Q.You just said that to mortify oneís flesh is no religion, but the capacity to endure pain is. But is it not necessary to mortify the flesh, so as to develop the capacity for enduring pain?

Ans. There are many forms of religion. Forbearance, straightforwardness gentleness, and freedom from greed are forms where the accent is on the disciplining of the mind, -and not on enduring pain. Therefore, the question of deliberately punishing the body for the sake of religion does not arise. There remains the question of favourable and unfavourable circumstances. Both kinds of situations arise in life. To develop the capacity to face both favourable and unfavourable circumstances with equanimity is religion. An illustration should make this point clear.

A patient goes to the doctor for the treatment of his ailment. The doctor advises him to undergo surgery. Surgery causes pain to the body. It is not the doctorís intention to cause pain and the patients objective, too, is to find freedom from pain, not to court it. Still there is pain and the patient endures it. Just as an operation is not intended to cause pain to the body, similarly the practice of control or meditation is not intended to cause any pain. The operation is actually the treatment of the disease. Similarly, sadhana is the treatment of passions. If to cause pain to the body be the objective of sadhana, salvation in that case loses all meaning. Salvation means freedom from all kinds of pain---that is the sole objective of religious practices. In view of this, it is altogether illogical and inauthentic to say that the mortification of the flesh constitutes religion in the Jain tradition.



Q.If causing physical pain is not the objective of jainism, is there any tradition of meditation there? Lord Mahavir was the last Tirthankar in the Jain tradition. Is there any mention of meditation in his life, or is any technique of meditation available?

Ans. The entire sadhana of Lord Mahavir is connected with the practice of meditation and relaxation (kayotsarg). As soon as he was initiated he took up the practice of kayotsarg and meditation. Although he undertook many long fasts during his sadhana and was consequently known as a devout practitioner of austerities, but his pracitce of austerity is not devoid of meditation. Here a great illusion has arisen. The illusion is that the devout asceticism of Lord Mahavir's life has been seized upon whereas his practice of meditation has been completely ignored. Unlike many other sadhaks who concentrated on meditation alone or on fasting alone, Lord Mahavir chose a different path. He did not accept a one-sided view in any field-from this point of view, his doctrine of non absolutism, i.e. many-sided perception is invaluable.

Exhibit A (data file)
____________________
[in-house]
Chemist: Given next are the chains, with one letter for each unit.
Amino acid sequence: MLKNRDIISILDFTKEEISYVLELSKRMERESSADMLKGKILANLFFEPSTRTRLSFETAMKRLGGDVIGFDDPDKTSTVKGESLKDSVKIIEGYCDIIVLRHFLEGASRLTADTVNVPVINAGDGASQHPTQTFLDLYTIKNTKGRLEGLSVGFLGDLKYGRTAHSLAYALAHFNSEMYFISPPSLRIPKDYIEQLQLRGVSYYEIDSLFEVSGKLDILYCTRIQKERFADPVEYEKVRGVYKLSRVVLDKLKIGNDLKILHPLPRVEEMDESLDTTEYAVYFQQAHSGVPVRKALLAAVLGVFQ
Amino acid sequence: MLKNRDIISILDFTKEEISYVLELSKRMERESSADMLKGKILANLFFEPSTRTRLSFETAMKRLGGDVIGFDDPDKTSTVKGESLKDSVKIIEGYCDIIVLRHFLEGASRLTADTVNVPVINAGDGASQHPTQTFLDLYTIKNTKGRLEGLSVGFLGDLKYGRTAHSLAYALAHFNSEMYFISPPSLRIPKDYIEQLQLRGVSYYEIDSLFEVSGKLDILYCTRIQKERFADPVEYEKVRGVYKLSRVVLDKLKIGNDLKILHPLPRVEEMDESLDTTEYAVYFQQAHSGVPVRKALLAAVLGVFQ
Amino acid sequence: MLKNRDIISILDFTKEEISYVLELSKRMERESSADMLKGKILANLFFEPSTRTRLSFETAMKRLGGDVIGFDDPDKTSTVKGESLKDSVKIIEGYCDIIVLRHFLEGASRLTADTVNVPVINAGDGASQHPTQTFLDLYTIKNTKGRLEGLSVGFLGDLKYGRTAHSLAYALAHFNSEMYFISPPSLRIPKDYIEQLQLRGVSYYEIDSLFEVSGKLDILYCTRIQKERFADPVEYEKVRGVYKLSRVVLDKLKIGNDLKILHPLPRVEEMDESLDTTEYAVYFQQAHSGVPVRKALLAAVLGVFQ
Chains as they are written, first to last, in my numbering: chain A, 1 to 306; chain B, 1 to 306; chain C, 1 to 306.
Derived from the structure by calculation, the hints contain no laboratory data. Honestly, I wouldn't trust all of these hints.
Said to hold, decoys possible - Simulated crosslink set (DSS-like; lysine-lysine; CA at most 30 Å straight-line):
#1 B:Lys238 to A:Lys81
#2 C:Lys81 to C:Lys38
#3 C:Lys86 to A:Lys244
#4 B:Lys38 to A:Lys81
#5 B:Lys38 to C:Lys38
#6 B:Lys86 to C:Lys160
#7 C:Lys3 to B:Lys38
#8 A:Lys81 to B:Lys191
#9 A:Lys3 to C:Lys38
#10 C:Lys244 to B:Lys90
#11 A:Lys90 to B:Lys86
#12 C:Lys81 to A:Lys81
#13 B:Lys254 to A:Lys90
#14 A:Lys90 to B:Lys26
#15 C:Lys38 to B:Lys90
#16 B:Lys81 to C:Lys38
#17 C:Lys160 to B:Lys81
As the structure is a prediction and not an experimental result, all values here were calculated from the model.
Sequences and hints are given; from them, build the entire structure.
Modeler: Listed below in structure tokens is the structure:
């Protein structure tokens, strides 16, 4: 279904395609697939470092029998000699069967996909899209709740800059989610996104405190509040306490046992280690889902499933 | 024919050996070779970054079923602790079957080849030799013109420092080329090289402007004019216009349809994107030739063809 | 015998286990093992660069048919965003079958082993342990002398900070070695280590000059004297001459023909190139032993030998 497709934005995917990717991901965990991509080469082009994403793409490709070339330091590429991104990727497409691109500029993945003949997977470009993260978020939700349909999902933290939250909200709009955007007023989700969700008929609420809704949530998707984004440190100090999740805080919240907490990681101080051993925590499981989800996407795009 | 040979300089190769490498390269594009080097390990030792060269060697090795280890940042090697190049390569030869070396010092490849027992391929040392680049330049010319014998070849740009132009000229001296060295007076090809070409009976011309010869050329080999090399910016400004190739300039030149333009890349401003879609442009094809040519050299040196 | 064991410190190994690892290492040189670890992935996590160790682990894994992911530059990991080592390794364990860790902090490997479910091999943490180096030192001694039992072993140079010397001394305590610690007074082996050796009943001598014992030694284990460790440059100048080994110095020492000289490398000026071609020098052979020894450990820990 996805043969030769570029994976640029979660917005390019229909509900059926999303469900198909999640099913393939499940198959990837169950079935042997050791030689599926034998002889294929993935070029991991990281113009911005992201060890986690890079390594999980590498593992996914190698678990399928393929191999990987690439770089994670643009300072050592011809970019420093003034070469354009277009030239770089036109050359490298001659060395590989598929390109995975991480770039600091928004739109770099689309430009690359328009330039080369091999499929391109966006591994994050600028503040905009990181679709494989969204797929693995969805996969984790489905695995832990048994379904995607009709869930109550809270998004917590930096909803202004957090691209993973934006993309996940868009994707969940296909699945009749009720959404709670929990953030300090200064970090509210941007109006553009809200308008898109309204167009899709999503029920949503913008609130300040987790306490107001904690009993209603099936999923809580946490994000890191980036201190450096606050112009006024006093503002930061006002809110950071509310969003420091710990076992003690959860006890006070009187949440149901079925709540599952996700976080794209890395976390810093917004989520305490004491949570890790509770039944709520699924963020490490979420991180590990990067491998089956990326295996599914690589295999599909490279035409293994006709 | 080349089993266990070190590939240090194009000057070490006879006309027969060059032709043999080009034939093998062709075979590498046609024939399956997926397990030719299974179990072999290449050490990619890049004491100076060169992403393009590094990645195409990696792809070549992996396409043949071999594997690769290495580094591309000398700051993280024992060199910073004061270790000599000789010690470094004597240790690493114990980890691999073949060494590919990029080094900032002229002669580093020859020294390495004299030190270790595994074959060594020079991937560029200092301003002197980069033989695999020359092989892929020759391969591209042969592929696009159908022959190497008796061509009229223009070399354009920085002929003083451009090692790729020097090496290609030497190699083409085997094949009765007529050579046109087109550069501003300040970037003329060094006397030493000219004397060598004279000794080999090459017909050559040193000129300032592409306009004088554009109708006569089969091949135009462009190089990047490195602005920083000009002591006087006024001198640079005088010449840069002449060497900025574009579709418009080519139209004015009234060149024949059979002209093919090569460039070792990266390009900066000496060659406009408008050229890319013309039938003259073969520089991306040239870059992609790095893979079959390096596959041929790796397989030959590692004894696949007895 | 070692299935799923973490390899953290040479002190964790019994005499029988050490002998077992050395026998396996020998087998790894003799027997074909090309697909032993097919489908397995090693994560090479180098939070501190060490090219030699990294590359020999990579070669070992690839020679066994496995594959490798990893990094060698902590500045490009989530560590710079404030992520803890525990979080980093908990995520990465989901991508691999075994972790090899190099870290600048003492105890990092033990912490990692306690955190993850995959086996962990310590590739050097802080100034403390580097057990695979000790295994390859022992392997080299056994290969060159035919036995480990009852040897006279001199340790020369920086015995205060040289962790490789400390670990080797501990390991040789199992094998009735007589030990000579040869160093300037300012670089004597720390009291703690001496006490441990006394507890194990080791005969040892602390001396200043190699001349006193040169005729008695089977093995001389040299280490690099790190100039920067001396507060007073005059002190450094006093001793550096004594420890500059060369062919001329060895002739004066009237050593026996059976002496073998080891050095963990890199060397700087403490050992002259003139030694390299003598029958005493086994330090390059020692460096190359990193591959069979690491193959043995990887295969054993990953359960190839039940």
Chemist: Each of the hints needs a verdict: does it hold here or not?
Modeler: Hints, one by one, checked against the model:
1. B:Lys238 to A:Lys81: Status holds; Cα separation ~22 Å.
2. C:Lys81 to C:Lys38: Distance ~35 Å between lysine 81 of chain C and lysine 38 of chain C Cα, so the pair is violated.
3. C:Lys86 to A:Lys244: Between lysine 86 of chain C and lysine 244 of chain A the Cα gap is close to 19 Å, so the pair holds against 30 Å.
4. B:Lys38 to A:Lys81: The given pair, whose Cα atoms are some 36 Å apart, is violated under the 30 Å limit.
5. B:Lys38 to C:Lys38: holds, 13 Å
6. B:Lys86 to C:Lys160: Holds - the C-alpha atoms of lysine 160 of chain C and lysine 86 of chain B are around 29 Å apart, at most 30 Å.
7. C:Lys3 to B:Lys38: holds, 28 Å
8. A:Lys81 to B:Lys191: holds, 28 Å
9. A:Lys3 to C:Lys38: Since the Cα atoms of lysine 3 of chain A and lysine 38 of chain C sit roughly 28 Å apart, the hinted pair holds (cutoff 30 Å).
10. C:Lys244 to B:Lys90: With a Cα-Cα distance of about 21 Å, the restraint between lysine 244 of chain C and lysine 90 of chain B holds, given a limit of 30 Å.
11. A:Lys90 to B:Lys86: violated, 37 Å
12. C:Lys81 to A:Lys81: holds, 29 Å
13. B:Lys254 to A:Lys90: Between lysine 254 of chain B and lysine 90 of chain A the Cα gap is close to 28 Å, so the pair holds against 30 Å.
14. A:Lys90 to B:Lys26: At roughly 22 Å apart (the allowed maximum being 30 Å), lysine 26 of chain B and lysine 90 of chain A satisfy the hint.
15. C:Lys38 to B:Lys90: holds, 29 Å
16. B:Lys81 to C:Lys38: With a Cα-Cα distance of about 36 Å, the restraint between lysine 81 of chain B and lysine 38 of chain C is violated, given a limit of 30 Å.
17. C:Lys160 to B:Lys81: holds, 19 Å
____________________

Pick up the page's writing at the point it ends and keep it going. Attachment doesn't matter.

Lord Mahavir felt that meditation was very important although fasting was no less. For meditation it was essential for the body to be in a perfect condition. Such perfection was possible only through fasting or controlled eating. Fasting prepares the necessary background for meditation. The sadhak who cannot keep a fast or observe control over his diet, is not fit for the practice of meditation. To be able to practice meditation it is necessary for a sadhak to purify his mental and physical background.

The discussion of twelve kinds of purification in the Jain tradition is very important in the context of meditation. Fasting, control over diet, undertaking of various pledges, and complete abstention from rich heavy foods ---all these four elements are extremely important from the point of view of body-purification. If a sadhak is not alive to their importance, he cannot make much progress in his meditation. Then, the body is trained through the practice of asanas. Until the asanas are perfected, one cannot practise long sittings. After the asanas have been perfected, it is necessary to control the licentiousness of the mind and the senses. After achieving control over the senses and the passions, a method of purification of the mental flaws has been laid down. At this level, it is necessary to effect the dissolution of the 'I' and total surrender. Until the sense of the 'I' is dissolved, a sadhak cannot give himself completely even to his sadhana. In order to develop his knowledge-consciousness, the dedicated sadhak takes to studies. Then only is the groundwork laid for the practice of meditation. The sadhak who takes to meditation without first passing through the requisite stages, cannot continue for long. The consummation of meditation is renunciation, complete detachment. Thus, the sadhak adopting a systematic method of meditation naturally advances towards his goal.

The answer to the rest of the question relating to the technique of meditation is Ayaro. So many seeds of dhyana sadhana lie scattered in Ayaro by organising and elaborating which a complete system of meditation can be perfected. This would require a serious and extensive study of Acharang Sutra.